« AnteriorContinuar »
Art. Cæsar, beware of Brutus; take heed of Cassius; come not near Casca; have an eye on Cinna; trust not Trebonius; mark well Metellus Cimber; Decius Brutus loves thee not; thou hast wronged Caius Ligarius. There is but one mind in all these men, and it is bent against Cæsar. If thou be'st not immortal, look about you: Security gives way to Conspiracy. The mighty gods defend thee! Thy lover,
Artemidorus. Here will I stand, till Cæsar pass along, And as a suitor will I give him this. My heart laments, that virtue cannot live Out of the teeth of emulation.3 If thou read this, O Cæsar, thou may'st live; If not, the fates with traitors do contrive. (Exit.
the House of Brutus.
Enter Portia and Lucius. Por. I prythee, boy, run to the senate-house; Stay not to answer me, but get thee gone:
s e mulation.] Here, as on many other occasions, this word is used in an unfavourable sense, somewhat like-factious, envious, or malicious rivalry.
- the fates with traitors do contrive.] The fates join with traitors in contriving thy destruction.
Por. Why, know'st thou any harm's intended
towards him? Sooth. None that I know will be, much that I fear
may chance. Good morrow to you. Here the street is narrow: The throng that follows Cæsar at the heels, Of senators, of prætors, common suitors, Will croud a feeble man almost to death: I'll get me to a place more void, and there Speak to great Cæsar as he comes along. [Exit.
Por. I must go in.-Ah me! how weak a thing The heart of woman is! O Brutus! The heaven speed thee in thine enterprize! Sure, the boy heard me:-Brutus hath a suit, That Cæsar will not grant.--O, I grow faint:Run, Lucius, and commend me to my lord; Say, I am merry: come to me again, And bring me word what he doth say to thee.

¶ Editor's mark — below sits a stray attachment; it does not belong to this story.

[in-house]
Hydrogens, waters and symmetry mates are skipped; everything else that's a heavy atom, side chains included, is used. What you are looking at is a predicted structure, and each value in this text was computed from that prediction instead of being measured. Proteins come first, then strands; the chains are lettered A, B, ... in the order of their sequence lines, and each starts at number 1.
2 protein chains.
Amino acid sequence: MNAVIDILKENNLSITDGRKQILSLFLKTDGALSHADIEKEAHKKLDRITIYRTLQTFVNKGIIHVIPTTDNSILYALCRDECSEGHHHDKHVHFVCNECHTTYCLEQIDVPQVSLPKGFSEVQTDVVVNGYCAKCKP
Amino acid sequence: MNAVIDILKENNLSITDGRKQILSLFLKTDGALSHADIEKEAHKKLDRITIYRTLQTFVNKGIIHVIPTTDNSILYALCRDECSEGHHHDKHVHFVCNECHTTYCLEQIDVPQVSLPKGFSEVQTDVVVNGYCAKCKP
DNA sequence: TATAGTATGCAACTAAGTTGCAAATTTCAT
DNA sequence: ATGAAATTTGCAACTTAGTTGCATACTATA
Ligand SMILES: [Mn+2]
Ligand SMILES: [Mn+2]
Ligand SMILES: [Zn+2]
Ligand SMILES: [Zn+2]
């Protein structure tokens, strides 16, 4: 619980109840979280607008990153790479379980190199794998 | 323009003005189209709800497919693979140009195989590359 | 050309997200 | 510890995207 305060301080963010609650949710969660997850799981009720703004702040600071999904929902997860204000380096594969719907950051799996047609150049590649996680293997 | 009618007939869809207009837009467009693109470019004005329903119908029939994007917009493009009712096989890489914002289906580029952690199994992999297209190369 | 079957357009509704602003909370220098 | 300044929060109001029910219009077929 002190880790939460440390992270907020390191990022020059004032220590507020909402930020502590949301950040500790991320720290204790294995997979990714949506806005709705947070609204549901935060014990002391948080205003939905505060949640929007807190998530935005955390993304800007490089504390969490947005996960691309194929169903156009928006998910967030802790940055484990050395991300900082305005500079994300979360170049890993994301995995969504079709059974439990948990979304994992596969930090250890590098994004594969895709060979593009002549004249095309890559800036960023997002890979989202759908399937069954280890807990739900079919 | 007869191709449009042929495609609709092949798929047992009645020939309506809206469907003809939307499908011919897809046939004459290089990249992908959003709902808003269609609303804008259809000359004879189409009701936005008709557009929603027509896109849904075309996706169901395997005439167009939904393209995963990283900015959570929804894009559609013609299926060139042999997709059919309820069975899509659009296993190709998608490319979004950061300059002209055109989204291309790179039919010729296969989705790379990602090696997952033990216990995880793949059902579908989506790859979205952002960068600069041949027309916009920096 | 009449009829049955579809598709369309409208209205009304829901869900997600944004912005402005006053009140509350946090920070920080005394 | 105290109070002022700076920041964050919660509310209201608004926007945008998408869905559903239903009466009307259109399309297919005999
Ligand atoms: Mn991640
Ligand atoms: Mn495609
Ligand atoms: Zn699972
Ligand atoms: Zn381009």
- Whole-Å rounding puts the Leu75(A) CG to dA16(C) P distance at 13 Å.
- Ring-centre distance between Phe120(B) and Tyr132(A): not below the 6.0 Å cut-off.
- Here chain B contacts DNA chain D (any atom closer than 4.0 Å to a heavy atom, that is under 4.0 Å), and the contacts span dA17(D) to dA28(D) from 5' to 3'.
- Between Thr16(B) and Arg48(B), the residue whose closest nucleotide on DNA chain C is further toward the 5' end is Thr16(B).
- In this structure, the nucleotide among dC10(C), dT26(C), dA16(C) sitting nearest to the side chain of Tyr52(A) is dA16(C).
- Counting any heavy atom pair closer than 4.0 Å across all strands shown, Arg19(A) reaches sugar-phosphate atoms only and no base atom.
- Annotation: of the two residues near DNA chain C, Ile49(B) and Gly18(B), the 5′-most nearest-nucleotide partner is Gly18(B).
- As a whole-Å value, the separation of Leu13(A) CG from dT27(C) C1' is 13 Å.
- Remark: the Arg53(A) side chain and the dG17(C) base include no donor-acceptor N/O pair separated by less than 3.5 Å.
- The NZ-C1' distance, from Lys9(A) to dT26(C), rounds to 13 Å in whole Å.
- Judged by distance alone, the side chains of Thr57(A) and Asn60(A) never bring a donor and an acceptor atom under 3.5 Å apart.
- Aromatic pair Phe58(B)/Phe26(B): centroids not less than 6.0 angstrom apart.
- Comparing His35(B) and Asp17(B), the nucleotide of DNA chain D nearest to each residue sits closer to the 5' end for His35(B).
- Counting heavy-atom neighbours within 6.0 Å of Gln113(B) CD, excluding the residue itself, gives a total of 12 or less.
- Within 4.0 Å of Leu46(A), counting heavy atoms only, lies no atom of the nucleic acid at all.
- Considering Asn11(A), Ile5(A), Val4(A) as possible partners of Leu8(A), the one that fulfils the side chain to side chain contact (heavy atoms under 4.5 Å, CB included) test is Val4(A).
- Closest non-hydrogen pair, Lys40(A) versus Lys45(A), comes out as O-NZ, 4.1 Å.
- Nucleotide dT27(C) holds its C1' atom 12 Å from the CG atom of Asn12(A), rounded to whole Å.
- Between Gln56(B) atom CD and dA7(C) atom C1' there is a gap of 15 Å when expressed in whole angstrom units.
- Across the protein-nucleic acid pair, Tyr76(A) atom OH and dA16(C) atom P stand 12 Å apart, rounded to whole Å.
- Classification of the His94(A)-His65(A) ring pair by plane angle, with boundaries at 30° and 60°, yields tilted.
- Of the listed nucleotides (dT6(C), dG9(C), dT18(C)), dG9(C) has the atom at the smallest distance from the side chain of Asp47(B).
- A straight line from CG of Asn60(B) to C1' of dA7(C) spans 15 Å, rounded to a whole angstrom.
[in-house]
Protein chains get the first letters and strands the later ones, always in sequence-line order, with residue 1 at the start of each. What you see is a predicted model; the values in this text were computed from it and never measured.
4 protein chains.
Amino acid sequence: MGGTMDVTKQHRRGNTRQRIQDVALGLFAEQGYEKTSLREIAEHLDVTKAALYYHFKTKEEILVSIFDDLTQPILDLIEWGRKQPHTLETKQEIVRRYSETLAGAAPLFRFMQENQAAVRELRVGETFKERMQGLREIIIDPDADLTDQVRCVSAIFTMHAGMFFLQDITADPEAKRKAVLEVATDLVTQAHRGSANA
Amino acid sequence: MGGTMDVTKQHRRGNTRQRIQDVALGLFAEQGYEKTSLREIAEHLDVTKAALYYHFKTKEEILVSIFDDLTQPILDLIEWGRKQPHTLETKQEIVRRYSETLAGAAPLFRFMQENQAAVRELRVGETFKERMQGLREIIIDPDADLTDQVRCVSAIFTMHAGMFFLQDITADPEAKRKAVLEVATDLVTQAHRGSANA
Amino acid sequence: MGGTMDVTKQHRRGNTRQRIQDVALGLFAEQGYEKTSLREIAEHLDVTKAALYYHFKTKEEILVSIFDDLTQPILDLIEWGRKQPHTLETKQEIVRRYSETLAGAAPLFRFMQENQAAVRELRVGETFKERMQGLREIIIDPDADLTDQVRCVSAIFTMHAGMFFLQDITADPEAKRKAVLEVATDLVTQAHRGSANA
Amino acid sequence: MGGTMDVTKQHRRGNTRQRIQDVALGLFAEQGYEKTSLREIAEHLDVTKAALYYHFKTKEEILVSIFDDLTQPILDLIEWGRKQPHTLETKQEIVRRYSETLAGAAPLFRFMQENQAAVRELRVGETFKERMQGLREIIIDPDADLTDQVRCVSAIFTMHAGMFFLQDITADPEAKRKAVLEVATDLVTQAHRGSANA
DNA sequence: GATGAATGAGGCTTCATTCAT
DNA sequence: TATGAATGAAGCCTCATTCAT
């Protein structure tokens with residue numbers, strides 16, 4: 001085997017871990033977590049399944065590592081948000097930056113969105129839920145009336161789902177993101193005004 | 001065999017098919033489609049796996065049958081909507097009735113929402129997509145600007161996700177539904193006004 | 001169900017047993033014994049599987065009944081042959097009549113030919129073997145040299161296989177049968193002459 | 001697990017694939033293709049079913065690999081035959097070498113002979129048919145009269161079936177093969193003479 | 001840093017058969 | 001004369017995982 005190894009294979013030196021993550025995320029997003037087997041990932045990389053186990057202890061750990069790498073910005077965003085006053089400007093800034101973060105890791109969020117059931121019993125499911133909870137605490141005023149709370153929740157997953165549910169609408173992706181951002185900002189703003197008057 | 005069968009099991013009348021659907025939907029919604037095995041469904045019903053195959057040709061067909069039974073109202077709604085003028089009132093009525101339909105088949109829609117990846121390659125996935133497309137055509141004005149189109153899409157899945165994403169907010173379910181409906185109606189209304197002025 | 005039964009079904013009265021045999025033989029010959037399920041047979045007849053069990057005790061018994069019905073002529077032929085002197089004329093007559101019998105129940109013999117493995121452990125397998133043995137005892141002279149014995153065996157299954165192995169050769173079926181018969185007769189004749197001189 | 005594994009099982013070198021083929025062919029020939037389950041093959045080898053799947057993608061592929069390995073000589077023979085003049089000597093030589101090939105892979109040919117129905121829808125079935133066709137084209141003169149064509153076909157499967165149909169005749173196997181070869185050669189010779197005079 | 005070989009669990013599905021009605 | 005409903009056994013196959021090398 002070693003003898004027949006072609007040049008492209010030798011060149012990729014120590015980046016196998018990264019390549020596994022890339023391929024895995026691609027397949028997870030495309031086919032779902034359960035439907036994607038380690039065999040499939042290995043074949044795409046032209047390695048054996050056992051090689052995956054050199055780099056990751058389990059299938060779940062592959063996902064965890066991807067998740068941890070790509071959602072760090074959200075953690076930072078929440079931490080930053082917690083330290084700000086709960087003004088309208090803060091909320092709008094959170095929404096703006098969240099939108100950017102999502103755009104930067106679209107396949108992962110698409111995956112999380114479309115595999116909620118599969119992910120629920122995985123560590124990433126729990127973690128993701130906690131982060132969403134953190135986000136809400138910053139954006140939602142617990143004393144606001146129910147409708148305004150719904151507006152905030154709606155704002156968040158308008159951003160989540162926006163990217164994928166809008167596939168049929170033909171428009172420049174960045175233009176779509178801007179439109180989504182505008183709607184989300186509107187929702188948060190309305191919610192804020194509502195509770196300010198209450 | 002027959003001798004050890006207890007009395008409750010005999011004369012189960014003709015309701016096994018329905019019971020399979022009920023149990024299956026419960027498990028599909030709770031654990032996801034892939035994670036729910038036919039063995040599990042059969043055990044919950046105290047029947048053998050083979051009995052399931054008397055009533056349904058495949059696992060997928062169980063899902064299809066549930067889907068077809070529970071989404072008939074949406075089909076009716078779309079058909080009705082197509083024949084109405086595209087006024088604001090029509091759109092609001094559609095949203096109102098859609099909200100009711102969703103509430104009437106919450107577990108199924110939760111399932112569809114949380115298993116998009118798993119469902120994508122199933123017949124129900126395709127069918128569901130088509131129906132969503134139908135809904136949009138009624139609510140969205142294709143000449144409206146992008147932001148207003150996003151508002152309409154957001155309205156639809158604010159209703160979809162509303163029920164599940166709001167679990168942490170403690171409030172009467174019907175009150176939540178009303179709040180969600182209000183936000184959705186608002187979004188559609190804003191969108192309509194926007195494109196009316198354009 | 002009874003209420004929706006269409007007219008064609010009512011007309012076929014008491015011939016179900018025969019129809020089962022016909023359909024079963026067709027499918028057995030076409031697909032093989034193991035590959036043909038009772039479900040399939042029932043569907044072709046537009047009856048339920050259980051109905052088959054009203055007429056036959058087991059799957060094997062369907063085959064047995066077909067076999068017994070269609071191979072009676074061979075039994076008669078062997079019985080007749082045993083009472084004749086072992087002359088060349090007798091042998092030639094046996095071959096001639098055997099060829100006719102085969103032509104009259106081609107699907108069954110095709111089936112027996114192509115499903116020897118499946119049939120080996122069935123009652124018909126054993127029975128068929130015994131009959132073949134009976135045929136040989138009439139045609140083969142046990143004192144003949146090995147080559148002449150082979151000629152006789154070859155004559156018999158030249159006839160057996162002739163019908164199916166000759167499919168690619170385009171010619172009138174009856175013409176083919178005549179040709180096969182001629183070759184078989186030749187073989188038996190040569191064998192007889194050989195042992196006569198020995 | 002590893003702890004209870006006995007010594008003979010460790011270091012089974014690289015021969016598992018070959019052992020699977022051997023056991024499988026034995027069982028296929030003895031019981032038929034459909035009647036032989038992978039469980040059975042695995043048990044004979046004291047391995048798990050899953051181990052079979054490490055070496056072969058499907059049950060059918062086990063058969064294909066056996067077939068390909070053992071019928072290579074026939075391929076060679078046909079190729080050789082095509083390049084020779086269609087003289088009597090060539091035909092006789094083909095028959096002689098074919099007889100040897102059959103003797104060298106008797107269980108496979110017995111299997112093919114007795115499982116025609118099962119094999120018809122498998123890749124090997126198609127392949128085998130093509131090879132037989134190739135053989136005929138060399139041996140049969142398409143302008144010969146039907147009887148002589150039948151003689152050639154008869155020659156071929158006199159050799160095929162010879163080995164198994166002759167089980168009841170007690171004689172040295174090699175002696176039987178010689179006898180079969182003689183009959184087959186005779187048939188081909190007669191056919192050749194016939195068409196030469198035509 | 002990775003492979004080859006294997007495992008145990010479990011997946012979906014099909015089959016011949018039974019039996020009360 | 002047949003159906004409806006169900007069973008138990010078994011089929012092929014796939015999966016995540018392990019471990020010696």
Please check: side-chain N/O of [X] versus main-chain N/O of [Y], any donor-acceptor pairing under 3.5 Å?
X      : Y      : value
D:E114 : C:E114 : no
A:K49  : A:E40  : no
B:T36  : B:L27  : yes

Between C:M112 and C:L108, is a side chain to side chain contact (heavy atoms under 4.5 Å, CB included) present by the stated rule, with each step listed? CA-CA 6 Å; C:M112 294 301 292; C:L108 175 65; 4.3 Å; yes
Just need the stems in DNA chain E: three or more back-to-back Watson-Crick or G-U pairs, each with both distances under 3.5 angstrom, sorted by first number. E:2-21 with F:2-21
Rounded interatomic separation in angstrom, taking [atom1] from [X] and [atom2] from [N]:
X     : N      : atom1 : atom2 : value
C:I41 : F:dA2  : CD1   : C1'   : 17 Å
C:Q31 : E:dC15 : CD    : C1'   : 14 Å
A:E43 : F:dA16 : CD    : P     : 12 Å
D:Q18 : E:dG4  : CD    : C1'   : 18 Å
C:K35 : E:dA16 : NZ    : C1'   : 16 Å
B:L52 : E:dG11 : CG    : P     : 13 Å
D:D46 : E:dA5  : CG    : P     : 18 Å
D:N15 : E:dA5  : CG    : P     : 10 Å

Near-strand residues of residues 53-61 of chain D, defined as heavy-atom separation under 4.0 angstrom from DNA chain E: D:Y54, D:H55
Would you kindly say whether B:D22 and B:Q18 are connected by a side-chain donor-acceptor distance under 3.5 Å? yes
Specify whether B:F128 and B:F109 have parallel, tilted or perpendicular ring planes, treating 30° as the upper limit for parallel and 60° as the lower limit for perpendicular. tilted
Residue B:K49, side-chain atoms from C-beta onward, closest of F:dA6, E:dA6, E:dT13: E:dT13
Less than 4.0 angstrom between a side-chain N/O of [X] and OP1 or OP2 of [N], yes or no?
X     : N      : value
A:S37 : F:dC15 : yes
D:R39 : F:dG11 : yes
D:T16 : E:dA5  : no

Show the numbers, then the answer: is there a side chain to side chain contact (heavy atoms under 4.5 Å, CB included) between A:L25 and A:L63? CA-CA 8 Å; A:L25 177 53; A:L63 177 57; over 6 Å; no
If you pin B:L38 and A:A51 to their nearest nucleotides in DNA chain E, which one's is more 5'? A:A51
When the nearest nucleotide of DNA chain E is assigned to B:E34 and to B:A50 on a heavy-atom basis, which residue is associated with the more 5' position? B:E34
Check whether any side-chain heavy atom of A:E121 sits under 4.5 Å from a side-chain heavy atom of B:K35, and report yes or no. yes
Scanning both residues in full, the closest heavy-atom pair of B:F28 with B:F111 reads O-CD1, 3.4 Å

ACT II. SCENE I. The same. The Capitol; the Senate sitting.
A Croud of People in the Street leading to the
Capitol; among them ARTEMIDORUS, and the
Dec. Trebonius doth desire you to o'er-read,
Art. 0, Cæsar, read mine first; for mine's a suit That touches Cæsar nearer: Read it, great Cæsar. Ces. What touches (is ourself, shall be last serv'd. Art. Delay not, Cæsar; read it instantly. Cæs. What, is the fellow mad?.., Pub. Ai
Sirrah, give place. Cas. What, urge you your petitions in the street ? Come to the Capitol.
Cæsar enters the Capitol, the rest following. All
the Senators rise. Pop. I wish, your enterprize to-day may thrive. Cas. What enterprize, Popilius? Pop.
Fare you well.
Advances to CÆSAR. Bru. What said Popilius Lena?
Cas. Hewish’d, to-day our enterprize might thrive. I fear, our purpose is discovered.
Bru. Look, how he makes to Cæsar: Mark him.
Cas. Casca, be sudden, for we fear prevention.Brutus, what shall be done? If this be known, Cassius or Cæsar never shall turn back, For I will slay myself. Bru..
Cassius, be constant: Popilius Lena speaks not of our purposes; For, look, he smiles, and Cæsar doth not change.
Cas. Trebonius knows his time; for, look you,
i Brutus, He draws Mark Antony out of the way.
Exeunt'ANTONY and TreBONIUS. CÆSAR
and the Senators take their Seats. Dec. Where is Metellus Cimber? Let him go . And presently prefer his suit to Cæsar.
Bru. He is address'd :: press near, and second him.
And presentere is Metellators take their us: Cæsar